Nurse: I am applying the BP cuff 2 to 3cm above the antecubital fossa. Scooby, while I am inflating the cuff you may feel some pressure and its normal, you won’t experience any pain so don’t worry.

Nurse: Your blood pressure is 130/90, which is normal.

Nurse: I’ll record these observations in the NEWS 2 chart. If you need anything, please use the call bell.

(Removes gloves and apron, performs hand rub, completes NEWS 2 chart, and performs hand rub)

Nurse: Scooby, your NEWS 2 score is 0, indicating normal vital signs. We’ll continue routine monitoring every 12 hours.

Nurse: Is there anything specific on your mind?

Patient: I’m worried about my surgery.

Nurse: Don’t worry; I’ll guide you through everything during your hospital stay.

Patient: Okay, thank you.

Nurse: How about your dietary intake? Are you eating regularly?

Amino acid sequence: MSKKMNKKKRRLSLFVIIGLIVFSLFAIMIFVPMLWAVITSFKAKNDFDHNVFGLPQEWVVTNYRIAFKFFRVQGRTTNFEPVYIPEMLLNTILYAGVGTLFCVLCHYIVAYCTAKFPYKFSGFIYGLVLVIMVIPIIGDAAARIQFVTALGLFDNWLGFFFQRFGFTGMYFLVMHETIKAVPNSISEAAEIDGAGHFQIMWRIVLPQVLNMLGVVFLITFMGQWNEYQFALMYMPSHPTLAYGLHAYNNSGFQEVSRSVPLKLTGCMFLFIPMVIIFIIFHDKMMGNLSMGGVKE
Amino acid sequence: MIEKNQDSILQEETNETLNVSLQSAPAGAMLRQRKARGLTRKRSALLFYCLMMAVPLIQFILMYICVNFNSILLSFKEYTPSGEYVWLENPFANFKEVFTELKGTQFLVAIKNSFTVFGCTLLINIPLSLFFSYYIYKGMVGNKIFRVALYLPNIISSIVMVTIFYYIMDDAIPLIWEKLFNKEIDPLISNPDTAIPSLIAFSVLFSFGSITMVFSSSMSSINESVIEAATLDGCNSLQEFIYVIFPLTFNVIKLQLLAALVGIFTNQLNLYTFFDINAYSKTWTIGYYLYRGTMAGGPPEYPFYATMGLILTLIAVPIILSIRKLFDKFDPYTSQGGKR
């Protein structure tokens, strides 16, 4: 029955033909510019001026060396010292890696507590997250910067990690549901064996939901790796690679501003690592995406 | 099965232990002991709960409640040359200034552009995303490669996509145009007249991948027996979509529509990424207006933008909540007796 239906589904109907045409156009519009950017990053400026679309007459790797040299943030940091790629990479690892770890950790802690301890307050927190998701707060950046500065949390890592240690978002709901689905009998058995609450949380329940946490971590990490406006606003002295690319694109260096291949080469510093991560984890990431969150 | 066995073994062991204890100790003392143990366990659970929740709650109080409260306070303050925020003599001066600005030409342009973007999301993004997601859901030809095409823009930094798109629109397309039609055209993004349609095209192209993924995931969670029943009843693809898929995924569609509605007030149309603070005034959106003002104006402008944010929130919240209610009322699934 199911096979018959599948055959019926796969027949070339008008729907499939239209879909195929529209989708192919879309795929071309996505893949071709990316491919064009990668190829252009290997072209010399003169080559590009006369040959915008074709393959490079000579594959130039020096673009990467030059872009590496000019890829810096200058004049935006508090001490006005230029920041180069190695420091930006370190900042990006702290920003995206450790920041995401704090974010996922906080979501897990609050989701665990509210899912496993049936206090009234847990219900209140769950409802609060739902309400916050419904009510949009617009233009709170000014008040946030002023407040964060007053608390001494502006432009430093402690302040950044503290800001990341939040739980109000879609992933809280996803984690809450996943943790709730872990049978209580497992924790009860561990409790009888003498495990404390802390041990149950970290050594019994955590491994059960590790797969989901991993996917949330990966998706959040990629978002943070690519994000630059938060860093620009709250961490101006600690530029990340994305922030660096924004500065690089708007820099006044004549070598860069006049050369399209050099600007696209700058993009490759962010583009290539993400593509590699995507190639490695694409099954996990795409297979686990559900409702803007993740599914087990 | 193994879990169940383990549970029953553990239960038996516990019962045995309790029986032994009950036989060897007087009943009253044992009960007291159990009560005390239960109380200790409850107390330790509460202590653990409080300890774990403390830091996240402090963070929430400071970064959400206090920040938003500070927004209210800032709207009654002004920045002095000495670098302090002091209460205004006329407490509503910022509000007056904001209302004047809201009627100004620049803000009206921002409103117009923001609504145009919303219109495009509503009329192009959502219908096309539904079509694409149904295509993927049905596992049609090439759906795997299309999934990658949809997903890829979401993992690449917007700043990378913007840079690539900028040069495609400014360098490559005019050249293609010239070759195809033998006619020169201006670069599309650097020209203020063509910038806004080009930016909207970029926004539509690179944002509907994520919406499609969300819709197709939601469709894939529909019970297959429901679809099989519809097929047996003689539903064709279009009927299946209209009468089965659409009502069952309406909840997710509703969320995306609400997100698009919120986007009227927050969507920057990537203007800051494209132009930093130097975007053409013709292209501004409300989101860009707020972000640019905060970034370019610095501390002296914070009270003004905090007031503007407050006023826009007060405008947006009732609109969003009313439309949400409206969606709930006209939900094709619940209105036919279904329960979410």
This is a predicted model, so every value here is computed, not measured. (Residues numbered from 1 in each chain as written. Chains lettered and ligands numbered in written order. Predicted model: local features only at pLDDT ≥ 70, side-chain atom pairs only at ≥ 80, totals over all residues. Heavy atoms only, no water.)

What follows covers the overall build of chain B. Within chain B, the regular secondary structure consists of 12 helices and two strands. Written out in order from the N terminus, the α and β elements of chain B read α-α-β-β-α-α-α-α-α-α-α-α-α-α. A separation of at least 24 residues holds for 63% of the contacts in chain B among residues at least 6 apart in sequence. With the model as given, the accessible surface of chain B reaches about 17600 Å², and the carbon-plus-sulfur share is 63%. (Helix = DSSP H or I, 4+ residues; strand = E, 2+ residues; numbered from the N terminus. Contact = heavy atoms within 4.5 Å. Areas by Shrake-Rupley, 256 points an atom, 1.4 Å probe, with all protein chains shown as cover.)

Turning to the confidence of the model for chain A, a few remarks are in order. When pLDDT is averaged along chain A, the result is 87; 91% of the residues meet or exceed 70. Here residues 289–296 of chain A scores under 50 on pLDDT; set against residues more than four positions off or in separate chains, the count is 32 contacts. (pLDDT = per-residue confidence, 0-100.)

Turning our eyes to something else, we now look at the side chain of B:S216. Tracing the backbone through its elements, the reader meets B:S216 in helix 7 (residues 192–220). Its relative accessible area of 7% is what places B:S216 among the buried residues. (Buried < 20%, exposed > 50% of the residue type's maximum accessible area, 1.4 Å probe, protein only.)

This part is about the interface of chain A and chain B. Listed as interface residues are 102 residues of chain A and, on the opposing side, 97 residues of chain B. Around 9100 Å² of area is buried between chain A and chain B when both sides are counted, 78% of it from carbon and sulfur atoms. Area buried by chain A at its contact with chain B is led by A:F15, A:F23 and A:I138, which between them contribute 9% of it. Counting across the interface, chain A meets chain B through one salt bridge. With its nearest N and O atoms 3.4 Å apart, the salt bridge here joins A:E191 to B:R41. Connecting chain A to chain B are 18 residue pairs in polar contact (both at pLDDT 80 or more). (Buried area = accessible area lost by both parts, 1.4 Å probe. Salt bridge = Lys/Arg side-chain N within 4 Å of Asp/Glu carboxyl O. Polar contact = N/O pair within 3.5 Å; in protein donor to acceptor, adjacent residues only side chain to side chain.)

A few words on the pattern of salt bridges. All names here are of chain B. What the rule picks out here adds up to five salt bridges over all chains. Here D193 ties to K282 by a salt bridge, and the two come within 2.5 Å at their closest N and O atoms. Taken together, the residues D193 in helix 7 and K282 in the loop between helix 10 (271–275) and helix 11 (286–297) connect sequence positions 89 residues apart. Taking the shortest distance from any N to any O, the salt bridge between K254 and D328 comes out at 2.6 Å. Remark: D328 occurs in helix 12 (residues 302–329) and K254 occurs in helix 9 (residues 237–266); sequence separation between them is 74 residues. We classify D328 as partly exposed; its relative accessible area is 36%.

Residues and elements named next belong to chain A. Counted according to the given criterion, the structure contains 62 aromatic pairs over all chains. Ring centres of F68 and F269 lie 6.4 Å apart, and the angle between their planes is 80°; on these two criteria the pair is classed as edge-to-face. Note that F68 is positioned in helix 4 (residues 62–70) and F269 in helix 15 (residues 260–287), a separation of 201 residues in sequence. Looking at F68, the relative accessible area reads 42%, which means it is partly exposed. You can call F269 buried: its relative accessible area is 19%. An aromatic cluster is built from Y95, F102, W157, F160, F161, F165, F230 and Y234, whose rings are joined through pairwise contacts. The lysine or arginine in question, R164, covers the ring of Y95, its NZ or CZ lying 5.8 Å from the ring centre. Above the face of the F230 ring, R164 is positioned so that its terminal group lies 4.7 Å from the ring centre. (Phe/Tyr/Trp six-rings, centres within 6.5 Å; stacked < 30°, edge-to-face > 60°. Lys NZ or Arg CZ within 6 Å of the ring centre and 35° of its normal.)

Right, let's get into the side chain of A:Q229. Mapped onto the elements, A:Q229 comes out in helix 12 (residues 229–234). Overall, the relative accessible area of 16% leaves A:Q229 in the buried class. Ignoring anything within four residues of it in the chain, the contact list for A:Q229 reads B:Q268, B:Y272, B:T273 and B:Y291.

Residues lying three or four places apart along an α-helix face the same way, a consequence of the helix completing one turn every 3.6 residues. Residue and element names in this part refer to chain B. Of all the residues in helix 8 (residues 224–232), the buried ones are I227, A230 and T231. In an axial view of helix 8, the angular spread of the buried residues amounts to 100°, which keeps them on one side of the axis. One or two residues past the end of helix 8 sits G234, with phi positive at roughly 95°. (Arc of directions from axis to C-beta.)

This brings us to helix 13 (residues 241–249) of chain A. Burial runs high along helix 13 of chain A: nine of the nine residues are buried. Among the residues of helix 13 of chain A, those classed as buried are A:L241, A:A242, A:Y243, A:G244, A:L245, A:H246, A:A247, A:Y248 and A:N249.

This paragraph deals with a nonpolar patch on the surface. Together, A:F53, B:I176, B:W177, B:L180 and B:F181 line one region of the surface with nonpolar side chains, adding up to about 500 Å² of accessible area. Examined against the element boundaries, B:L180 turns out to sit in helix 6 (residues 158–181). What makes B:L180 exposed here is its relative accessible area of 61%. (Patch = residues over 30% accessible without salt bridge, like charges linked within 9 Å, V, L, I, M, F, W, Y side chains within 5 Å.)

Patient: Nausea has affected my eating habits.

Nurse: Any issues with bowel habits like diarrhoea or constipation?

Patient: No.

Nurse: Post-surgery, focus on a diet rich in protein, vegetables, and fruits. Drink at least 2 to 3 litres of water daily.

Nurse: Scooby, do you engage in regular exercise?

Patient: Not consistently.

Nurse: Once you’re getting better, consider light daily walks rather than strenuous exercises.

Patient: Okay.

Nurse: How about your mobility? Do you need assistance with daily activities?

Patient: I’m managing on my own.

Nurse: And your wife, is she receiving support?

Patient: Yes, my sister is with her.

Nurse: Excellent! Any spiritual concerns?

Patient: No.

Nurse: That’s great to hear. Any other concerns or questions from you?

Patient: No.

Nurse: Do you still have pain?

Patient: Yes.

Nurse: I’ll check the prescription and administer pain relief accordingly. I’ll document and escalate as needed. If you require anything, use the call bell.

(Assessor I will clean all equipment and do my final documentation, and then perform my final hand hygiene)

Nurse: Thank you.


Please enter your comment!
Please enter your name here